OTUs associated with Escherichia were abundant in the small intestinal sections (e.g., jejunum and ileum) in the Landrace pigs which is consistent with previous reports28,30. However, these OTUs were significantly less abundant in the small intestine of Jinhua pigs, which partially explains the higher abundance of genes in Landrace pigs that potentially trigger inflammatory responses such as LPS biosynthesis, motility, secretion, chemotaxis, and flagellar assembly predicted by PICRUSt. Chronic inflammation has been associated with obesity. In a recent study, Yang et al. found that Escherichia spp. was significantly enriched in Laiwu pigs, another Chinese indigenous breed with extremely high intramuscular fat content28. The discrepancy in the abundance of Escherichia between the two obese breeds, Jinhua (this study) and Laiwu (Yang et al.), might be due to the differences in genetics, diet, environment, and developmental stages. Of note, there are several limitations of this study. First, despite PICRUSt being used in a wide range of host-microbiota studies, it was mainly developed by using reference genomes tailored to humans. Second, there might be several factors affecting the differences in the biogeography of the gut microbiota between the Jinhua and Landrace piglets such as the sow’s microbiota, which might contribute to the differences in the piglets’ gut microbiota by serving as an initial inoculator of the piglets’ gut microbiota. Furthermore, significantly differences in body weight observed between the Jinhua and Landrace piglets, very likely due to the differences in breeds, might also affect the gut microbiota. Nevertheless, the purpose of this study is not to pinpoint the origins and confounders of the swine gut microbiota, rather, we want to describe the longitudinal variation along the GI-tract microbiota and the cross-sectional variation between the two breeds. Further experiments are desired to determine if the intra- and inter-breed variation in the biogeography of the intestinal microbiome explains the differences in growth performance and fat deposition between different swine breeds.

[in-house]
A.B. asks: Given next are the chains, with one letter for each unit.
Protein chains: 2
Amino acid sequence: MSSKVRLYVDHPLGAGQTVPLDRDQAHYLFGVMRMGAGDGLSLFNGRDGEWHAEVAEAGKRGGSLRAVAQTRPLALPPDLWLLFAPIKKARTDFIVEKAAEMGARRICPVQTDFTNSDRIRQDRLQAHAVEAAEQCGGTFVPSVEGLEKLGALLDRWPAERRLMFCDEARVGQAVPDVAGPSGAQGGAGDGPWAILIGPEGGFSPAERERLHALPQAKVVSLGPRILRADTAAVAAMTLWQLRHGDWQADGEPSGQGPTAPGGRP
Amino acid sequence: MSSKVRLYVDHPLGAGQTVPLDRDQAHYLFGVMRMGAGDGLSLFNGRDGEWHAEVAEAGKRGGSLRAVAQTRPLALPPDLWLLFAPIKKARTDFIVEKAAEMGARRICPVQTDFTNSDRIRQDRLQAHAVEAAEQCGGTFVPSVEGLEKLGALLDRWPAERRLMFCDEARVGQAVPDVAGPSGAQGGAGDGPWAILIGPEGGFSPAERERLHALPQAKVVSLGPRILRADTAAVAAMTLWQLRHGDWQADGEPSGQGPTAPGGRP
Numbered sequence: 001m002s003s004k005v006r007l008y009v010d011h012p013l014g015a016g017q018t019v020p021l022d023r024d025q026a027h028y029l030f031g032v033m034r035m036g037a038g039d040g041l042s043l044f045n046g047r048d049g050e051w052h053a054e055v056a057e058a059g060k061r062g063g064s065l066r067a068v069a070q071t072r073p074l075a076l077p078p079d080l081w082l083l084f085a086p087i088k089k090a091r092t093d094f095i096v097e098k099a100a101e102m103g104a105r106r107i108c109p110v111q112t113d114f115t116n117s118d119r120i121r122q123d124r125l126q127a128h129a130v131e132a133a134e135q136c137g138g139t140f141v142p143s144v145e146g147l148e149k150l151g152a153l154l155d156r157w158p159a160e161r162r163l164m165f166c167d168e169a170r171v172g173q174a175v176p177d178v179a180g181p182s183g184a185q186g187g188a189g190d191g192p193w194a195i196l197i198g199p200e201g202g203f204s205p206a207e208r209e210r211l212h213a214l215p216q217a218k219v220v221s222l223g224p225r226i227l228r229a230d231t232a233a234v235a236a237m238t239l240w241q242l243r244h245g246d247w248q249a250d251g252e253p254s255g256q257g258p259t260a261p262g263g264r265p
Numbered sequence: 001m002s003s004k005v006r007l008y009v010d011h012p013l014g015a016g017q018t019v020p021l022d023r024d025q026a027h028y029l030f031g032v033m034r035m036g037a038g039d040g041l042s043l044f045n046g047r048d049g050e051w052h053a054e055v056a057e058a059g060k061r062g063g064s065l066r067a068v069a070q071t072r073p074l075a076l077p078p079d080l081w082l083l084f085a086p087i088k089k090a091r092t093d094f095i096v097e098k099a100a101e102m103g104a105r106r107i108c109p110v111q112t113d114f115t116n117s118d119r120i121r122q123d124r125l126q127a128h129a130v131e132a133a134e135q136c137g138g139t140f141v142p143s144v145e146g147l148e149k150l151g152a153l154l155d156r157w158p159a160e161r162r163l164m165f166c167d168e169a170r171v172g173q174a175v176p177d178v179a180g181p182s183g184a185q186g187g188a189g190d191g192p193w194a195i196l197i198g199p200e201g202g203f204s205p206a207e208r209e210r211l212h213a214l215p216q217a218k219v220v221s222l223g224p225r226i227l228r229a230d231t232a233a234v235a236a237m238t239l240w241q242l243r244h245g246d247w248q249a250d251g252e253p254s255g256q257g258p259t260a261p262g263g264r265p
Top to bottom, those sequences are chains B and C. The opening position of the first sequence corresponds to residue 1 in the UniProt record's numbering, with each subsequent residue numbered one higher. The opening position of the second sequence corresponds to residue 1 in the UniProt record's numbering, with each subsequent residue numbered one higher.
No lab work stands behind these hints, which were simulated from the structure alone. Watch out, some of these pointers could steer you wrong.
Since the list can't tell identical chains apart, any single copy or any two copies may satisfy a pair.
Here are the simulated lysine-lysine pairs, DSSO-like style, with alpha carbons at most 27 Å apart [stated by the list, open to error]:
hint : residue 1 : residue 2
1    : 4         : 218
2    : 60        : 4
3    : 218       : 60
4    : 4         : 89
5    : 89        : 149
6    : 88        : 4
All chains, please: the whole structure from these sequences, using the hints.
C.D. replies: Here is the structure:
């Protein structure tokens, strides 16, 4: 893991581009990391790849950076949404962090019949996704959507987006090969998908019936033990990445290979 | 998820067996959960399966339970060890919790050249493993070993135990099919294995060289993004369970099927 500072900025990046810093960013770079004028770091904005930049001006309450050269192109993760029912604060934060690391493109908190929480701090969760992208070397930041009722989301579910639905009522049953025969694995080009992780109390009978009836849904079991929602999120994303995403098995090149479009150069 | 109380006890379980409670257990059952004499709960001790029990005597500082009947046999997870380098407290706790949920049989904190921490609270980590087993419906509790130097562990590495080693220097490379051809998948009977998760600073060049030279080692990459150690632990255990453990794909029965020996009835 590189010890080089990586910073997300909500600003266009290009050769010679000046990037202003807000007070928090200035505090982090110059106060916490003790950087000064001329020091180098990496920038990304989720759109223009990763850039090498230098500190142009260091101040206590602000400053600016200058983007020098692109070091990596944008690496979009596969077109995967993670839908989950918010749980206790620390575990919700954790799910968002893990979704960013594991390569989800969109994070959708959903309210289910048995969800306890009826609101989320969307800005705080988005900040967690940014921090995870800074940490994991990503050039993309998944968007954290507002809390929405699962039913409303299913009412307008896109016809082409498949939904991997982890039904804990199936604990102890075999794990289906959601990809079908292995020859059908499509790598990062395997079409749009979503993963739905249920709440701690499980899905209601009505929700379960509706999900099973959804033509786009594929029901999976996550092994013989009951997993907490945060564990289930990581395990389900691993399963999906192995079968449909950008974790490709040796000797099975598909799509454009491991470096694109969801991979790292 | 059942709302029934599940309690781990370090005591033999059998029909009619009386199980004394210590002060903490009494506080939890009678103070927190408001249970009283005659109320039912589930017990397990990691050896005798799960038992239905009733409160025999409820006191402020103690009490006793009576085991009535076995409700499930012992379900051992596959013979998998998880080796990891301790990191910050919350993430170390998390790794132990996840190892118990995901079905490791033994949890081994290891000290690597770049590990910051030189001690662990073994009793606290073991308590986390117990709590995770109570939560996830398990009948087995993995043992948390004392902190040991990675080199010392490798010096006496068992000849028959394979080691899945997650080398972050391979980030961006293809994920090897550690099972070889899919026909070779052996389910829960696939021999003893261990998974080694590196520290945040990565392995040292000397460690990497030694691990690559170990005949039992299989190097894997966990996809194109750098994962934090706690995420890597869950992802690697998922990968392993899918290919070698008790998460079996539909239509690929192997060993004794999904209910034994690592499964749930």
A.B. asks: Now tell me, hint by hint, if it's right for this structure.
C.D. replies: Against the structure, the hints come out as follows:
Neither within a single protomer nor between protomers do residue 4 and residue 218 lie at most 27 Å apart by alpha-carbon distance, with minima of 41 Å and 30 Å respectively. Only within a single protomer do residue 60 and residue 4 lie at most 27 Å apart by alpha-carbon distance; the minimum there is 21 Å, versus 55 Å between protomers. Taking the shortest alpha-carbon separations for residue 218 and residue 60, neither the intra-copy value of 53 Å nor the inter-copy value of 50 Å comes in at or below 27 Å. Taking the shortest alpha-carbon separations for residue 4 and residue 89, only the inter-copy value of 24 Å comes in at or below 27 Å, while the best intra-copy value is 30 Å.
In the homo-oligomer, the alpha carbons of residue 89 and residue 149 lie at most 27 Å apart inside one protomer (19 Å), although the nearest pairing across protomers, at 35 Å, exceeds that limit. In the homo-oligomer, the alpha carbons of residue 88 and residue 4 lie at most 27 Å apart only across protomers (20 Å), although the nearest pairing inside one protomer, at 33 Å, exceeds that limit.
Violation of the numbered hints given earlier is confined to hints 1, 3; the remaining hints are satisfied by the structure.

Additional information

Publisher's note: Springer Nature remains neutral with regard to jurisdictional claims in published maps and institutional affiliations.

References

  1. 1.

    Baker, D. H. Animal models in nutrition research. J Nutr 138, 391–396 (2008).

  2. 2.

    Sun, Y., Su, Y. & Zhu, W. Microbiome-Metabolome Responses in the Cecum and Colon of Pig to a High Resistant Starch Diet. Front Microbiol 7, 779, https://doi.org/10.3389/fmicb.2016.00779 (2016).

  3. 3.

    Umu, O. C. et al. Resistant starch diet induces change in the swine microbiome and a predominance of beneficial bacterial populations. Microbiome 3, 16, https://doi.org/10.1186/s40168-015-0078-5 (2015).

  4. 4.

    Upadrasta, A. et al. The effect of dietary supplementation with spent cider yeast on the Swine distal gut microbiome. PLoS One 8, e75714, https://doi.org/10.1371/journal.pone.0075714 (2013).

  5. 5.

    Mach, N. et al. Early-life establishment of the swine gut microbiome and impact on host phenotypes. Environ Microbiol Rep 7, 554–569, https://doi.org/10.1111/1758-2229.12285 (2015).

  6. 6.

    Yan, H. et al. Gut microbiota can transfer fiber characteristics and lipid metabolic profiles of skeletal muscle from pigs to germ-free mice. Sci Rep 6, 31786, https://doi.org/10.1038/srep31786 (2016).

  7. 7.

    Looft, T. et al. In-feed antibiotic effects on the swine intestinal microbiome. Proc Natl Acad Sci USA 109, 1691–1696, https://doi.org/10.1073/pnas.1120238109 (2012).

  8. 8.

    Park, S. J., Kim, J., Lee, J. S., Rhee, S. K. & Kim, H. Characterization of the fecal microbiome in different swine groups by high-throughput sequencing. Anaerobe 28, 157–162, https://doi.org/10.1016/j.anaerobe.2014.06.002 (2014).

  9. 9.

    McCormack, U. M. et al. Exploring a Possible Link between the Intestinal Microbiota and Feed Efficiency in Pigs. Appl Environ Microbiol 83, https://doi.org/10.1128/AEM.00380-17 (2017).

  10. 10.

    Ramayo-Caldas, Y. et al. Phylogenetic network analysis applied to pig gut microbiota identifies an ecosystem structure linked with growth traits. ISME J, https://doi.org/10.1038/ismej.2016.77 (2016).

  11. 11.

    Guo, J. et al. Comparisons of different muscle metabolic enzymes and muscle fiber types in Jinhua and Landrace pigs. J Anim Sci 89, 185–191, https://doi.org/10.2527/jas.2010-2983 (2011).

  12. 12.

    Wu, T. et al. Distinctive genes determine different intramuscular fat and muscle fiber ratios of the longissimus dorsi muscles in Jinhua and landrace pigs. PLoS One 8, e53181, https://doi.org/10.1371/journal.pone.0053181 (2013).

  13. 13.

    Briggs, H. M. International Pig Breed Encyclopedia. (Elanco Products Company, 1983).

  14. 14.

    Miao, Z. G., Wang, L. J., Xu, Z. R., Huang, J. F. & Wang, Y. R. Developmental changes of carcass composition, meat quality and organs in the Jinhua pig and Landrace. Animal 3, 468–473, https://doi.org/10.1017/S1751731108003613 (2009).

  15. 15.

    Caporaso, J. G. et al. Global patterns of 16S rRNA diversity at a depth of millions of sequences per sample. P Natl Acad Sci USA 108, 4516–4522, https://doi.org/10.1073/pnas.1000080107 (2011).

  16. 16.

    Schloss, P. D. et al. Introducing mothur: open-source, platform-independent, community-supported software for describing and comparing microbial communities. Applied and environmental microbiology 75, 7537–7541 (2009).